Toronto is home to the world's first ever harm-reduction workers' union: THRWU.
On November 11, workers at South Riverdale and Central Toronto Community health centres told their employers that they had joined the Toronto Harm Reduction Workers Union (THRWU) and demanded recognition.
With 50 members and counting, the union represents a wide range of professions including HIV/AIDS workers, workers involved in the distribution of safe usage tools, overdose prevention workers, peer workers, Hepatitis C workers, and nurses -- to name only a few.
While some THRWU members work in paid positions, others work as volunteers or are unemployed.
A new leadership program educating young workers in movement building and organizing just wrapped up its first session.
Developed by the Canadian Labour Congress, Taking Charge of Change is a project spearheaded by the CLC's Young Workers Department and Educational Department, delivered via online webinar, to advance social justice and activist leadership training.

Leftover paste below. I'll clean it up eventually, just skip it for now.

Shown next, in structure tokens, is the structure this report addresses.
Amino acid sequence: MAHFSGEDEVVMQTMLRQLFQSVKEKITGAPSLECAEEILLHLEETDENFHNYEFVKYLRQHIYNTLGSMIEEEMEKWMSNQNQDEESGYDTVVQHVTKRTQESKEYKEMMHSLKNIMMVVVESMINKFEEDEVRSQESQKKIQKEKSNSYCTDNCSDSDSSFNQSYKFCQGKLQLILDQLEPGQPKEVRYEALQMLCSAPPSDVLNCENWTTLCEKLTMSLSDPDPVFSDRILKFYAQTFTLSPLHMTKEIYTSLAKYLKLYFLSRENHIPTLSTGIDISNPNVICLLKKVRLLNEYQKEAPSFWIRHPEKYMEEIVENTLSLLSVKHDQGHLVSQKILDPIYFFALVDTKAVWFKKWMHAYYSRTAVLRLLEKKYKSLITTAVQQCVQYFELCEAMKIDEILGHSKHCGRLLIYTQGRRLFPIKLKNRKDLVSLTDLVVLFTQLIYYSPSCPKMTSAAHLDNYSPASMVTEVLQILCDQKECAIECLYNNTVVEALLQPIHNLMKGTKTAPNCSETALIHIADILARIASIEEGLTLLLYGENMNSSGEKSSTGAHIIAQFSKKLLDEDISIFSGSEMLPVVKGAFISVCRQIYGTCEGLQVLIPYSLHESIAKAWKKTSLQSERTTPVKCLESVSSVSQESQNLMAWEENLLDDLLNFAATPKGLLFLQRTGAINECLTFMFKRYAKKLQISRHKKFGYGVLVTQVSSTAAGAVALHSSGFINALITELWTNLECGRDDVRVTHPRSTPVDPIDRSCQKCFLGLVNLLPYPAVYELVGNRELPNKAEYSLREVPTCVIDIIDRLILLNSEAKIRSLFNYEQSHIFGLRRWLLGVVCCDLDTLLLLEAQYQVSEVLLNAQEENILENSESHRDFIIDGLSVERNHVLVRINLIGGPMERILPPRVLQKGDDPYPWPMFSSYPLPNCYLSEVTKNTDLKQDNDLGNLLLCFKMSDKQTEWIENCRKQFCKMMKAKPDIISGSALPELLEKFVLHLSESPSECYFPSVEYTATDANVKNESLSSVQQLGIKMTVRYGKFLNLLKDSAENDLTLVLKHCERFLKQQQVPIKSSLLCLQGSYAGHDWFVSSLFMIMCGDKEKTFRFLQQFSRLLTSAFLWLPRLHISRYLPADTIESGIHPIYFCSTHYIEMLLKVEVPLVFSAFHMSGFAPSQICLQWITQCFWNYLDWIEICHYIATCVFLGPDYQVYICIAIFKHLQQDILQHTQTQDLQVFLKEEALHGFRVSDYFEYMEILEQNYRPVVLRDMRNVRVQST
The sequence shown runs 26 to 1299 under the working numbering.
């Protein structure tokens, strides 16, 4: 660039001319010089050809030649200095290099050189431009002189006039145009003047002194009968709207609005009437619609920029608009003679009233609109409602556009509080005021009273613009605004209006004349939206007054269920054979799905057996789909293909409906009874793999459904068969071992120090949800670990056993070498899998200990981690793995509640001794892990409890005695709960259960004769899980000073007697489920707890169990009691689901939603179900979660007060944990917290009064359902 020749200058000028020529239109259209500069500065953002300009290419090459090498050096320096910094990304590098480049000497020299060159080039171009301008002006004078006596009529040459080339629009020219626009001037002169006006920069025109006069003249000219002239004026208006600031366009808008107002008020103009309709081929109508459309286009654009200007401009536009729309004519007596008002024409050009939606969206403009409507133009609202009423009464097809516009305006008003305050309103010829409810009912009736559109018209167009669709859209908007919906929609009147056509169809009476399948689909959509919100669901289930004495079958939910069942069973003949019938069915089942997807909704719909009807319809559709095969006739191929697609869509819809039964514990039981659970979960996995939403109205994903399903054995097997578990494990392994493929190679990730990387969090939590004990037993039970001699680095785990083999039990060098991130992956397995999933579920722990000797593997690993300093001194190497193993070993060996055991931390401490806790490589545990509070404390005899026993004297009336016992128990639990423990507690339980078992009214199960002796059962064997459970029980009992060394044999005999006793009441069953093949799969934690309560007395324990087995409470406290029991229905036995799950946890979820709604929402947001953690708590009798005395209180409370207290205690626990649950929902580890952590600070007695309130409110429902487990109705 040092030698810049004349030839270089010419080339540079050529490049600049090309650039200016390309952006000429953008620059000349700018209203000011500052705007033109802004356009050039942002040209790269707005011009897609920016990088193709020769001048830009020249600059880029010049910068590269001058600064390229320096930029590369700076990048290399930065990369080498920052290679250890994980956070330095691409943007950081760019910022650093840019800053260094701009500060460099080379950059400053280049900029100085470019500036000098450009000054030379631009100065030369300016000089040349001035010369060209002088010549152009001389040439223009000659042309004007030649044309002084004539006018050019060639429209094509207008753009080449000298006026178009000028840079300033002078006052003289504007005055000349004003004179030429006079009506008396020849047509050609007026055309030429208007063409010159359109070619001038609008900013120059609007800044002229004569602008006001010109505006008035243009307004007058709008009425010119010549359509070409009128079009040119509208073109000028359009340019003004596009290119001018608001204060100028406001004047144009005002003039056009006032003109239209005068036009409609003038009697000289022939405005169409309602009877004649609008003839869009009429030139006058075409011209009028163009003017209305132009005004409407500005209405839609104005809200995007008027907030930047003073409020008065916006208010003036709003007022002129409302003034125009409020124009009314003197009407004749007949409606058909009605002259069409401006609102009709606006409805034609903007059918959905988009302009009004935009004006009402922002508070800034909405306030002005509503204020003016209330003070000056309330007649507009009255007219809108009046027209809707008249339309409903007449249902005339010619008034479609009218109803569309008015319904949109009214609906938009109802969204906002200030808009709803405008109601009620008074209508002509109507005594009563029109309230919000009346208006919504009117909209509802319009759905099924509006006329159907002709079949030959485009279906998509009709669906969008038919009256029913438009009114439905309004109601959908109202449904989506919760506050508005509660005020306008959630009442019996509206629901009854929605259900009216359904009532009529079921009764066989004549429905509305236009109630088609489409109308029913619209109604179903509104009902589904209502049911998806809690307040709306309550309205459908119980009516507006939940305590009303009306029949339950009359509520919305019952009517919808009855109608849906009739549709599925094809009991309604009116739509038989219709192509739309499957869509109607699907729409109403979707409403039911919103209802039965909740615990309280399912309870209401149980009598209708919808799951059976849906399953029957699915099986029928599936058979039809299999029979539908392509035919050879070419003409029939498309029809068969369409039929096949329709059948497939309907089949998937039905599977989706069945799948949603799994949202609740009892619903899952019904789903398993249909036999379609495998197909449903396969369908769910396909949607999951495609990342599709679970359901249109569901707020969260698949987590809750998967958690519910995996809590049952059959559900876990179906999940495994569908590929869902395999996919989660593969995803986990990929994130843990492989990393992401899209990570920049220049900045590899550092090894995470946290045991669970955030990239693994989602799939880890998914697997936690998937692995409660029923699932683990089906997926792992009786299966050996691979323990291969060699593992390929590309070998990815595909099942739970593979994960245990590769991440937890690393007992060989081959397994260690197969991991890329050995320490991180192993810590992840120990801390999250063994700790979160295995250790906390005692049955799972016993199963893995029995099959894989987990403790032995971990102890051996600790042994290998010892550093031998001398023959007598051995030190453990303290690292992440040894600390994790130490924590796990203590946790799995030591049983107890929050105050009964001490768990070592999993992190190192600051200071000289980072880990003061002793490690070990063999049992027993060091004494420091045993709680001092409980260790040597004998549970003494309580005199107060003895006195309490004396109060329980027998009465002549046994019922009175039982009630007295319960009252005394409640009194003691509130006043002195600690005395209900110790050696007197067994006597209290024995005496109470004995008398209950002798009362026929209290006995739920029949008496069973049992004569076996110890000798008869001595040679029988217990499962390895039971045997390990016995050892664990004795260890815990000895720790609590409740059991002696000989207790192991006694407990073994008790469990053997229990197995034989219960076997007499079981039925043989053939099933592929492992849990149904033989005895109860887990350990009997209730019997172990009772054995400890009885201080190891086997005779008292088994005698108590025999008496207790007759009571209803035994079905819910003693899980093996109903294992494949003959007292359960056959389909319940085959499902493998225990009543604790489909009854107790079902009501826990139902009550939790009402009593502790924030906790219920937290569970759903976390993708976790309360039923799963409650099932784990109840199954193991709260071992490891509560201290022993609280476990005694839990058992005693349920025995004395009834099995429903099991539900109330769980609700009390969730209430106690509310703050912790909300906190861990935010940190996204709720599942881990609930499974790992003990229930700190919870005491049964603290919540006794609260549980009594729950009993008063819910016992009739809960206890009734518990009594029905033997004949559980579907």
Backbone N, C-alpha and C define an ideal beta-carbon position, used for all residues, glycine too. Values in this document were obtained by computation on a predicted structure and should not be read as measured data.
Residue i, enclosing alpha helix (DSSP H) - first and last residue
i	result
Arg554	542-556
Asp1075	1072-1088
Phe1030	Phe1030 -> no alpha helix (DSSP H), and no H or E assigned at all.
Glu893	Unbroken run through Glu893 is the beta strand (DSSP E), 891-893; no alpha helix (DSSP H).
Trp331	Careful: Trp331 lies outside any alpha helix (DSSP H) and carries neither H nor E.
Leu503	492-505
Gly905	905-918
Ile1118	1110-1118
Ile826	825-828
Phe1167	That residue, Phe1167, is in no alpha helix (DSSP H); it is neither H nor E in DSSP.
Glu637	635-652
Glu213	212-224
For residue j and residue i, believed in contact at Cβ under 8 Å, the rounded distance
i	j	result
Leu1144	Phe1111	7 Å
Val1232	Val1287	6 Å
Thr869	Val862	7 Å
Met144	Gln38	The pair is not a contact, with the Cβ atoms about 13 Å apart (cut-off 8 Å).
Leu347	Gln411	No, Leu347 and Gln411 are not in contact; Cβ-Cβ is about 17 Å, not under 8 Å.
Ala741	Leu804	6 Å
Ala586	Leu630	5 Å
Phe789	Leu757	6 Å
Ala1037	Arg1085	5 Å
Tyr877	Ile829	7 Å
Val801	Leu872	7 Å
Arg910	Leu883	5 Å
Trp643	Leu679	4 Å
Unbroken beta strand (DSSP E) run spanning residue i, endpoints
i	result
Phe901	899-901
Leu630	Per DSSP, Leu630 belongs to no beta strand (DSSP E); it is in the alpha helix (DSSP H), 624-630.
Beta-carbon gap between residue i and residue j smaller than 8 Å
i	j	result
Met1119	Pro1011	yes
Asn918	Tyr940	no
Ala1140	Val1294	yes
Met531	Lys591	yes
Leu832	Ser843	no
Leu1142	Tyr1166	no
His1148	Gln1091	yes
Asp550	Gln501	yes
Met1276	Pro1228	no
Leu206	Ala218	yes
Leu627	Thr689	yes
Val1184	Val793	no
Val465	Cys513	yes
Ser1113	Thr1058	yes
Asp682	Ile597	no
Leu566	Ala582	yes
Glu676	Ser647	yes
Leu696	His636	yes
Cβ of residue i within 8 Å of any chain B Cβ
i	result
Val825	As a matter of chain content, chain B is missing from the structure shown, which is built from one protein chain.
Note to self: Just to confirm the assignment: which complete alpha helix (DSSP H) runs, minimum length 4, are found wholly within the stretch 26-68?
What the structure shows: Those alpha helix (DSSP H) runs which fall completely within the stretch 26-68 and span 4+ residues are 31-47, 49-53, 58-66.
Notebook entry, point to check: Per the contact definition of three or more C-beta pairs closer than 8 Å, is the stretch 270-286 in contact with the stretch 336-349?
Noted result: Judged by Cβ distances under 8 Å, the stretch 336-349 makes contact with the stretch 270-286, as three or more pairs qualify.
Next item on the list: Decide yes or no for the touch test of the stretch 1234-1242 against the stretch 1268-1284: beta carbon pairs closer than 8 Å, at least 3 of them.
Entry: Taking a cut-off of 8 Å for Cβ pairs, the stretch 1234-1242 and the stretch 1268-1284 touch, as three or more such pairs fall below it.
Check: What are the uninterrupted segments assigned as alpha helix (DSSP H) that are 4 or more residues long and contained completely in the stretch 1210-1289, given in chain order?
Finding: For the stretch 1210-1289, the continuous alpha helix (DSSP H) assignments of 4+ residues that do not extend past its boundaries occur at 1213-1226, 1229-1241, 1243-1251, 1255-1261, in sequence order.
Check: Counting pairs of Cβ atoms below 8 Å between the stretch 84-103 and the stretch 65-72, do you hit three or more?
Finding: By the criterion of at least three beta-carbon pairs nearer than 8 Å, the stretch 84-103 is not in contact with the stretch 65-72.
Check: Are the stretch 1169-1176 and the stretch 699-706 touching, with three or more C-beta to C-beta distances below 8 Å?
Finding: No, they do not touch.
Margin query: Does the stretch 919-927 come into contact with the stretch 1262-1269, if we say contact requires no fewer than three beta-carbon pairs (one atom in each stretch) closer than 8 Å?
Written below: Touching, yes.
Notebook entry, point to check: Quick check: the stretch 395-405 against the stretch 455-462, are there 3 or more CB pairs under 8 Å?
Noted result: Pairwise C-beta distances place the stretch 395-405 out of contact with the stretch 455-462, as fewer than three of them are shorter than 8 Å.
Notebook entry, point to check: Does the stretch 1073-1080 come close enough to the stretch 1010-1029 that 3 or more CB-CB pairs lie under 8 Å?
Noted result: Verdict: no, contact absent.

The project's aim was to build leadership and organizing skills amongst a diverse cohort of Canadian youth.
Sex workers and their allies from the feminist and labour movements have taken to social media today to decry the December 6 implementation of Bill C-36, which they say will only increase the risks associated with sex work.
December 6 commemorates the Ecole Polytechnique Massacre, in which 14 women were separated from their male classmates, then shot and killed. In the 25 years since those shootings, December 6 has become a national day to acknowledge all female victims of violence.
The ride-sharing app Uber has received a lot of press in recent weeks, most of it bad.
Thousands of smartphone users took photos of themselves deleting the Uber application from their phone, after Senior Executive Emil Michaels suggested that the company spend a million dollars to smear journalists who have criticized Uber.
Much of the controversy around Uber stems from its attempt to import an operational model that works best for online exchanges into the real world. In the "fine print" on their website, Uber claims that it "is not a transportation provider."
These days, whenever I enter a home I notice things I never did before. What once sat invisibly next to the television sets and computers, has become intimately familiar and immediately recognizable.
You see, for the past three months I worked as a temp agency worker at a Rogers Cable warehouse in Toronto, one of the largest in Canada, with a distribution network throughout Eastern Canada. For eight-to-twelve hours a day my coworkers and I sorted, tested, cleaned, and packaged television/PVR boxes and modems for distribution.